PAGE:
She surrounded this feared field-marshal with spies and listeners; she caused all his actions to be watched, every one of his words to be repeated to her, in order to ascertain whether it had not some concealed sense, some threatening secret; she doubled the guards of her palace, and, always trembling with fear, she no longer dared to occupy any one of her apartments continuously. Nomadically wandered they about in their own palace, this Regent Anna Leopoldowna and her husband Prince Ulrich of Brunswick; remembering the sleeping-chamber of Biron, she dared not select any one distinct apartment for constant occupation; every evening found her in a new room, every night she reposed in a different bed, and even her most trusted servant often knew not in which wing of the castle the princely pair were to pass the night.
She, before whom these millions of Russian subjects humbled themselves in the dust, trembled every night in her bed at the slightest rustling, at the whisperings of the wind, at every breath of air that beat her closed and bolted doors.
She might, it is true, have released herself from these torments with the utterance of only one word of command; it required only a wave of her hand to send this haughty and dangerous Munnich to Siberia! Nor was an excuse for such a proceeding wanting. Count Munnich’s pride and presumption daily gave occasion for anger; he daily gave offence by his reckless disregard and disrespect for his chief, the generalissimo, Prince Ulrich; daily was it necessary to correct him and to confine him within his own proper official boundaries.
And such refractory conduct toward a Russian master, had it not in all times been a terrible and execrable crime—a crime for which banishment to Siberia had always been considered a mild punishment?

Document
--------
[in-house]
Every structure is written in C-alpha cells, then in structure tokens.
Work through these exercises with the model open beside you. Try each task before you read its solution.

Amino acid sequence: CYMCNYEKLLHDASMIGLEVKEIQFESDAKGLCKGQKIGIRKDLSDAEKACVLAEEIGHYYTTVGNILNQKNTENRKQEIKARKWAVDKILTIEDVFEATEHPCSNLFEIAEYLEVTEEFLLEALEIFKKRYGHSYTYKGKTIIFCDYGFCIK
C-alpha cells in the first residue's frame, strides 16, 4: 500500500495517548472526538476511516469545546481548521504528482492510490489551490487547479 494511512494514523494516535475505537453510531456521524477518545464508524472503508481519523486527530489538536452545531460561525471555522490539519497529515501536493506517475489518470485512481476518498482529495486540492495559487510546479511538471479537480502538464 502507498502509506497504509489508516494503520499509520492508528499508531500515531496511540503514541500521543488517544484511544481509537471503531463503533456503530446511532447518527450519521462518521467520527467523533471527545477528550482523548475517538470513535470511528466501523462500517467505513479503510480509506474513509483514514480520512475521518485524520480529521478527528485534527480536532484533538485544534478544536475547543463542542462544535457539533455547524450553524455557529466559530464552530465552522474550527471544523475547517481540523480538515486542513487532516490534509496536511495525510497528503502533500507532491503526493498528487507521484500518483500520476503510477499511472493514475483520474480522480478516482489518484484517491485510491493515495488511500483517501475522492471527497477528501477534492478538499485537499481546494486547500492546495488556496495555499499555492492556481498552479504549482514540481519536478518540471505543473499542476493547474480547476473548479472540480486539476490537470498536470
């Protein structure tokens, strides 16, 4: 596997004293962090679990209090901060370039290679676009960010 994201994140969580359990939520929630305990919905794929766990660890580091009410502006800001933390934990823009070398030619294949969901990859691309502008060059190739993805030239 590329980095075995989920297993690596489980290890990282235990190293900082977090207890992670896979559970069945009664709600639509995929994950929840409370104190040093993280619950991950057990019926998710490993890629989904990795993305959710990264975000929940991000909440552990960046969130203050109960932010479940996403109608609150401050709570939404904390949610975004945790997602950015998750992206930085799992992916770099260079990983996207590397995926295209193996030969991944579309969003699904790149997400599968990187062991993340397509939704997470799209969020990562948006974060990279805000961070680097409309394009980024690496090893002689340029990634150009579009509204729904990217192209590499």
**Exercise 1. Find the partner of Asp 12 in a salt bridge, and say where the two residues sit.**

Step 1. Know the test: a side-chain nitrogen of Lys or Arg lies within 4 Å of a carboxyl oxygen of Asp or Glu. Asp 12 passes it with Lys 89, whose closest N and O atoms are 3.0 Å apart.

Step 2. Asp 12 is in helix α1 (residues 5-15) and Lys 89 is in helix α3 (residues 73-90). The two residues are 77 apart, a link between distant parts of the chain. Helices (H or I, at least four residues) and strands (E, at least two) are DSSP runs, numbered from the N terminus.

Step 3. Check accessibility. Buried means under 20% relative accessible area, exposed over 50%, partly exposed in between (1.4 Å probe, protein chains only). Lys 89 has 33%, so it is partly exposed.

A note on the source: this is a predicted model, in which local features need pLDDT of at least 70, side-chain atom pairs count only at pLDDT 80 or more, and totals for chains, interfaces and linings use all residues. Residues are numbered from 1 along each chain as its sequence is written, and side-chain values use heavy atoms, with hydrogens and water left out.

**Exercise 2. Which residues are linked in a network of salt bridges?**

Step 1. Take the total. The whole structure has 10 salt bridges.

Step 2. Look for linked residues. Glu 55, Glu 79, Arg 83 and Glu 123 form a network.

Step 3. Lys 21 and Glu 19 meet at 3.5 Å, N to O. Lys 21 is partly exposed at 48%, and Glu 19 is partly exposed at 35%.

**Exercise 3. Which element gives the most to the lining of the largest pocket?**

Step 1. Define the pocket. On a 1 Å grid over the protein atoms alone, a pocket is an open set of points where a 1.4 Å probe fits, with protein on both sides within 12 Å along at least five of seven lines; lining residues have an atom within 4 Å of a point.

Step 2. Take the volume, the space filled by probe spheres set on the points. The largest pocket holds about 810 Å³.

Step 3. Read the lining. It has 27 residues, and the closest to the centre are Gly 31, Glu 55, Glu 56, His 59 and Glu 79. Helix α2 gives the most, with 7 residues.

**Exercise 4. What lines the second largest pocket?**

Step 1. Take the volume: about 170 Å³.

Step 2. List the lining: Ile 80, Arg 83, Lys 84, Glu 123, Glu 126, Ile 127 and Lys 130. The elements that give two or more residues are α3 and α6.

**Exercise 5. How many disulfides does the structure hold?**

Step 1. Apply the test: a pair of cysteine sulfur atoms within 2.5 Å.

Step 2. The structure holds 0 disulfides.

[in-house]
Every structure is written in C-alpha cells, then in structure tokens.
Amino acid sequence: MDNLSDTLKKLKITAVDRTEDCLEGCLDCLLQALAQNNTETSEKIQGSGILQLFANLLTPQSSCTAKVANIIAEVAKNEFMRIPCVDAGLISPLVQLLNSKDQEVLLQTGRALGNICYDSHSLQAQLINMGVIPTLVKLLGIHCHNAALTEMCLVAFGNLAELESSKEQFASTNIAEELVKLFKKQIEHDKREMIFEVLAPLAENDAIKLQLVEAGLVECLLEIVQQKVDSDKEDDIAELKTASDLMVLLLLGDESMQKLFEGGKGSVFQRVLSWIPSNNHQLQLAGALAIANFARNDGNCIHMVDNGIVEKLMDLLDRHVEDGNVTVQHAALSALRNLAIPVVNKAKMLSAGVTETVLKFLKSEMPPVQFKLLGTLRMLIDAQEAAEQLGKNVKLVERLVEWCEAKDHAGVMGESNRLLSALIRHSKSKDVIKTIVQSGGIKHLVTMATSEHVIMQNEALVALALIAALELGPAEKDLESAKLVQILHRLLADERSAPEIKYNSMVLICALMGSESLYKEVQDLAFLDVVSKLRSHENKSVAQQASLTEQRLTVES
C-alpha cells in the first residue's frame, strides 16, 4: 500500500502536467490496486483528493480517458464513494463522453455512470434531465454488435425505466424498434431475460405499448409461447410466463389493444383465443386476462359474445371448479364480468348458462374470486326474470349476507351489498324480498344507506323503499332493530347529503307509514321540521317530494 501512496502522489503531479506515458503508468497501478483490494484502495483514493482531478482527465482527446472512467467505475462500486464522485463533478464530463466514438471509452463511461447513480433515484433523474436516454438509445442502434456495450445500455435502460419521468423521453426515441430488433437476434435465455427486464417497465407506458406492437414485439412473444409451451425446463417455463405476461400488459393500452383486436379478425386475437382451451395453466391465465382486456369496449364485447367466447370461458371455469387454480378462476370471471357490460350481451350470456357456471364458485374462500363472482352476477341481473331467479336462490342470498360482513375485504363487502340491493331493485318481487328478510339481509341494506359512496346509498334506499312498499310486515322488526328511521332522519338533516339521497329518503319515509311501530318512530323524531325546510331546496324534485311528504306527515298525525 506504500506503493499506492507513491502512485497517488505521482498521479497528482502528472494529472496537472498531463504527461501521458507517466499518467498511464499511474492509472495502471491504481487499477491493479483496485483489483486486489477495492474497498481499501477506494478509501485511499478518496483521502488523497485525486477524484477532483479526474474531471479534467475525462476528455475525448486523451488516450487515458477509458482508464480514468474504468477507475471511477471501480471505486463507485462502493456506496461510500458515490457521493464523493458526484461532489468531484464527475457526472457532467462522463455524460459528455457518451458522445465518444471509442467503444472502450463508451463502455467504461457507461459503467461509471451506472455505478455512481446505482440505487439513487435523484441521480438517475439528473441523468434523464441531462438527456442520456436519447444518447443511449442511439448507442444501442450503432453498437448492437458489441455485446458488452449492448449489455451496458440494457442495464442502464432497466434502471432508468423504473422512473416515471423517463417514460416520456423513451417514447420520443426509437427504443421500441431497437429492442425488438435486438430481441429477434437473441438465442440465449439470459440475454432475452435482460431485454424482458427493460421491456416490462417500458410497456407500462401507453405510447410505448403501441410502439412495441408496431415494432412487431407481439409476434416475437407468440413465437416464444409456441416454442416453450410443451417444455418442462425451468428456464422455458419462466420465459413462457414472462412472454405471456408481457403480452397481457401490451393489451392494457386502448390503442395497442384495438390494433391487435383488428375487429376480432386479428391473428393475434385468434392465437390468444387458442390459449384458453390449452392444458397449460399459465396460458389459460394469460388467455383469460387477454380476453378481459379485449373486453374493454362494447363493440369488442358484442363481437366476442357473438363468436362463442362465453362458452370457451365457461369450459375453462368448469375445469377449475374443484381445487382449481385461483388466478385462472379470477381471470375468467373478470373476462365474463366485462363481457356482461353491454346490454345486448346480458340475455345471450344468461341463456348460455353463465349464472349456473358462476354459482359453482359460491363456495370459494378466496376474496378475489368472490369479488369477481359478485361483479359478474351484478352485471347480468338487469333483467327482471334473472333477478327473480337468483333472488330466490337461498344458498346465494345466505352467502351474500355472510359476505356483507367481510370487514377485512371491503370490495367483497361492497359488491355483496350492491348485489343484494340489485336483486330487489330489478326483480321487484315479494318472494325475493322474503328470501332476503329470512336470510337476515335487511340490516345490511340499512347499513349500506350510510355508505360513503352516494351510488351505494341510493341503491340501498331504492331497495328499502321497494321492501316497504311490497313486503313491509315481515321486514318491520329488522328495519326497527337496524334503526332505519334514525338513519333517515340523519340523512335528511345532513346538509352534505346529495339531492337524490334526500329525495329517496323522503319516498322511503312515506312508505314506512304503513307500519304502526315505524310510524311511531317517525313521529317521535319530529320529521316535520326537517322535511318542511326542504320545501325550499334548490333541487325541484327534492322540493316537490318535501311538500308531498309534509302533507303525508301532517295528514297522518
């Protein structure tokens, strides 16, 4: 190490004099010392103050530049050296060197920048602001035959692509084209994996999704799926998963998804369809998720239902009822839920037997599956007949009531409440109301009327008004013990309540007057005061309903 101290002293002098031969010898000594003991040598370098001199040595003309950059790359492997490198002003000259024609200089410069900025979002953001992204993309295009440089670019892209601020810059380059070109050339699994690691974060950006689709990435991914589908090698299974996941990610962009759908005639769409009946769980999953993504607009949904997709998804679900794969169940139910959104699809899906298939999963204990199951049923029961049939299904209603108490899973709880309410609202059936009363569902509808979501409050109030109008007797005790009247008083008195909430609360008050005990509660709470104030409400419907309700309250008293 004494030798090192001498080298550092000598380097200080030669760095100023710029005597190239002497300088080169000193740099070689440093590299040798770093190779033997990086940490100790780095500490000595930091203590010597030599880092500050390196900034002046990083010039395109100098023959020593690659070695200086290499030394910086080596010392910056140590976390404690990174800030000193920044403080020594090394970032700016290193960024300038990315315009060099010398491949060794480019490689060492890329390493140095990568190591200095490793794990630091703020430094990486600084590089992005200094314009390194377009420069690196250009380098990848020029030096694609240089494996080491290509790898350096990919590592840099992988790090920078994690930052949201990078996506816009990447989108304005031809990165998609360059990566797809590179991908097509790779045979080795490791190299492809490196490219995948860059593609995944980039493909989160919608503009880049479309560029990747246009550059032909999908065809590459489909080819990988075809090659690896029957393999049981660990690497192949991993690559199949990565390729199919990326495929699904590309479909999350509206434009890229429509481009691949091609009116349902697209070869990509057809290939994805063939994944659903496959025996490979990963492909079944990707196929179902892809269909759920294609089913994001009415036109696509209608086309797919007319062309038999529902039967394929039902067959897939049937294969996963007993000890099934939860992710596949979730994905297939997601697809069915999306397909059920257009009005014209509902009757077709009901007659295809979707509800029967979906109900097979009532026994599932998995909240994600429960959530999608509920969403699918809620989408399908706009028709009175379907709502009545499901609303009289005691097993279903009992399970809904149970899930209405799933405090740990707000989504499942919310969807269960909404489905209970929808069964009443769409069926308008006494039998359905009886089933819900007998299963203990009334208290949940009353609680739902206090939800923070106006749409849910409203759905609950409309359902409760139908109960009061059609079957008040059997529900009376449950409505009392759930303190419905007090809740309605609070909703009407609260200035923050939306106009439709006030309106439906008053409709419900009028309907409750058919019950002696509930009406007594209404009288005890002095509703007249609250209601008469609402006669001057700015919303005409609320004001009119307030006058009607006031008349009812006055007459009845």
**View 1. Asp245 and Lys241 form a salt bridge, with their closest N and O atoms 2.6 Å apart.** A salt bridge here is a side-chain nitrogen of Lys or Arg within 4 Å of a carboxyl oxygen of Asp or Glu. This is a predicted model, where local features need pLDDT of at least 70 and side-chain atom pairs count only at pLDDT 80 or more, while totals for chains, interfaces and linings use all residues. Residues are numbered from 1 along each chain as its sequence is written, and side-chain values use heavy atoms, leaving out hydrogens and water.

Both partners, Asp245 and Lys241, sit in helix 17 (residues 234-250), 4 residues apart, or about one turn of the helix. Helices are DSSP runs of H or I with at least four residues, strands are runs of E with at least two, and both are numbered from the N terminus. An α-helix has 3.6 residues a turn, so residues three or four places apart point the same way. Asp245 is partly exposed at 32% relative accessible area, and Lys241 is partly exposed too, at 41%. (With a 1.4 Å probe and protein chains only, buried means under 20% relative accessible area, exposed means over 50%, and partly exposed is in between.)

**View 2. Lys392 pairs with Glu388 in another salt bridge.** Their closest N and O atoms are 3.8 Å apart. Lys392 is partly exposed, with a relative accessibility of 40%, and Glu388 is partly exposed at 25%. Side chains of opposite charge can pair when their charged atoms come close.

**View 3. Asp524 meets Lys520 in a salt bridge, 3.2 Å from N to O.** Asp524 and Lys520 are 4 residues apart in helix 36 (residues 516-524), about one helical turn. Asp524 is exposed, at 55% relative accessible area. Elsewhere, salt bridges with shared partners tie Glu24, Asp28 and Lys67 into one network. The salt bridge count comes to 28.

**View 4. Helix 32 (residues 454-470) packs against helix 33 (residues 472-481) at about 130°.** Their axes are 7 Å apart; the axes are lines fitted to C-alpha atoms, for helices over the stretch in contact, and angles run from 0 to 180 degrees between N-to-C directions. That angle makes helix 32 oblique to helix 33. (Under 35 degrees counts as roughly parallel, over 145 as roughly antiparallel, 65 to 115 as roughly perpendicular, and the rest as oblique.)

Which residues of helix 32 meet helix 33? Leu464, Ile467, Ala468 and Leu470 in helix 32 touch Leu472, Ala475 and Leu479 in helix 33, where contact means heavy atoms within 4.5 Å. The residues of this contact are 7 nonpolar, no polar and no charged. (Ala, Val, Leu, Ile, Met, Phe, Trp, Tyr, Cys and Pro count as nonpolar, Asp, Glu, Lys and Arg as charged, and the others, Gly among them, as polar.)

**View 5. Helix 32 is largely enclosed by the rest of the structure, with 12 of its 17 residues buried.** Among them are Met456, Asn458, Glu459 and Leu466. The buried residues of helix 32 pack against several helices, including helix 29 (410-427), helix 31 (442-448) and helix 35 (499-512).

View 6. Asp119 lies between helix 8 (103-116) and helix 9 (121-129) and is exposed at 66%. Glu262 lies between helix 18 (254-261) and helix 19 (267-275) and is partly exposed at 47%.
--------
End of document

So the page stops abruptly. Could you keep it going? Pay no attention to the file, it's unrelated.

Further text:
Poor Anna! called to rule over Russia, she lacked only the first and most necessary qualification for her position—a Russian heart! There was, in this German woman’s disposition, too much gentleness and mildness, too much confiding goodness. To a less barbarous people she might have been a blessing, a merciful ruler and gracious benefactor!
But her arm was too weak to wield the knout instead of the sceptre over this people of slaves, her heart too soft to judge with inexorable severity according to the barbarous Russian laws which, never pardoning, always condemn and flay.
It was this which gradually estranged from her the hearts of the Russians. They felt that it was no Russian who reigned over them; and because they had no occasion to tremble and creep in the dust before her, they almost despised her, and derided the idyllic sentiments of this good German princess who wished to realize her fantastic dreams by treating a horde of barbarians as a civilized people!
The slaves longed for their former yoke; they looked around them with a feeling of strangeness, and to them it seemed unnatural not everywhere to see the brandished knout, the avenging scaffold, and the transport-carriages departing for Siberia!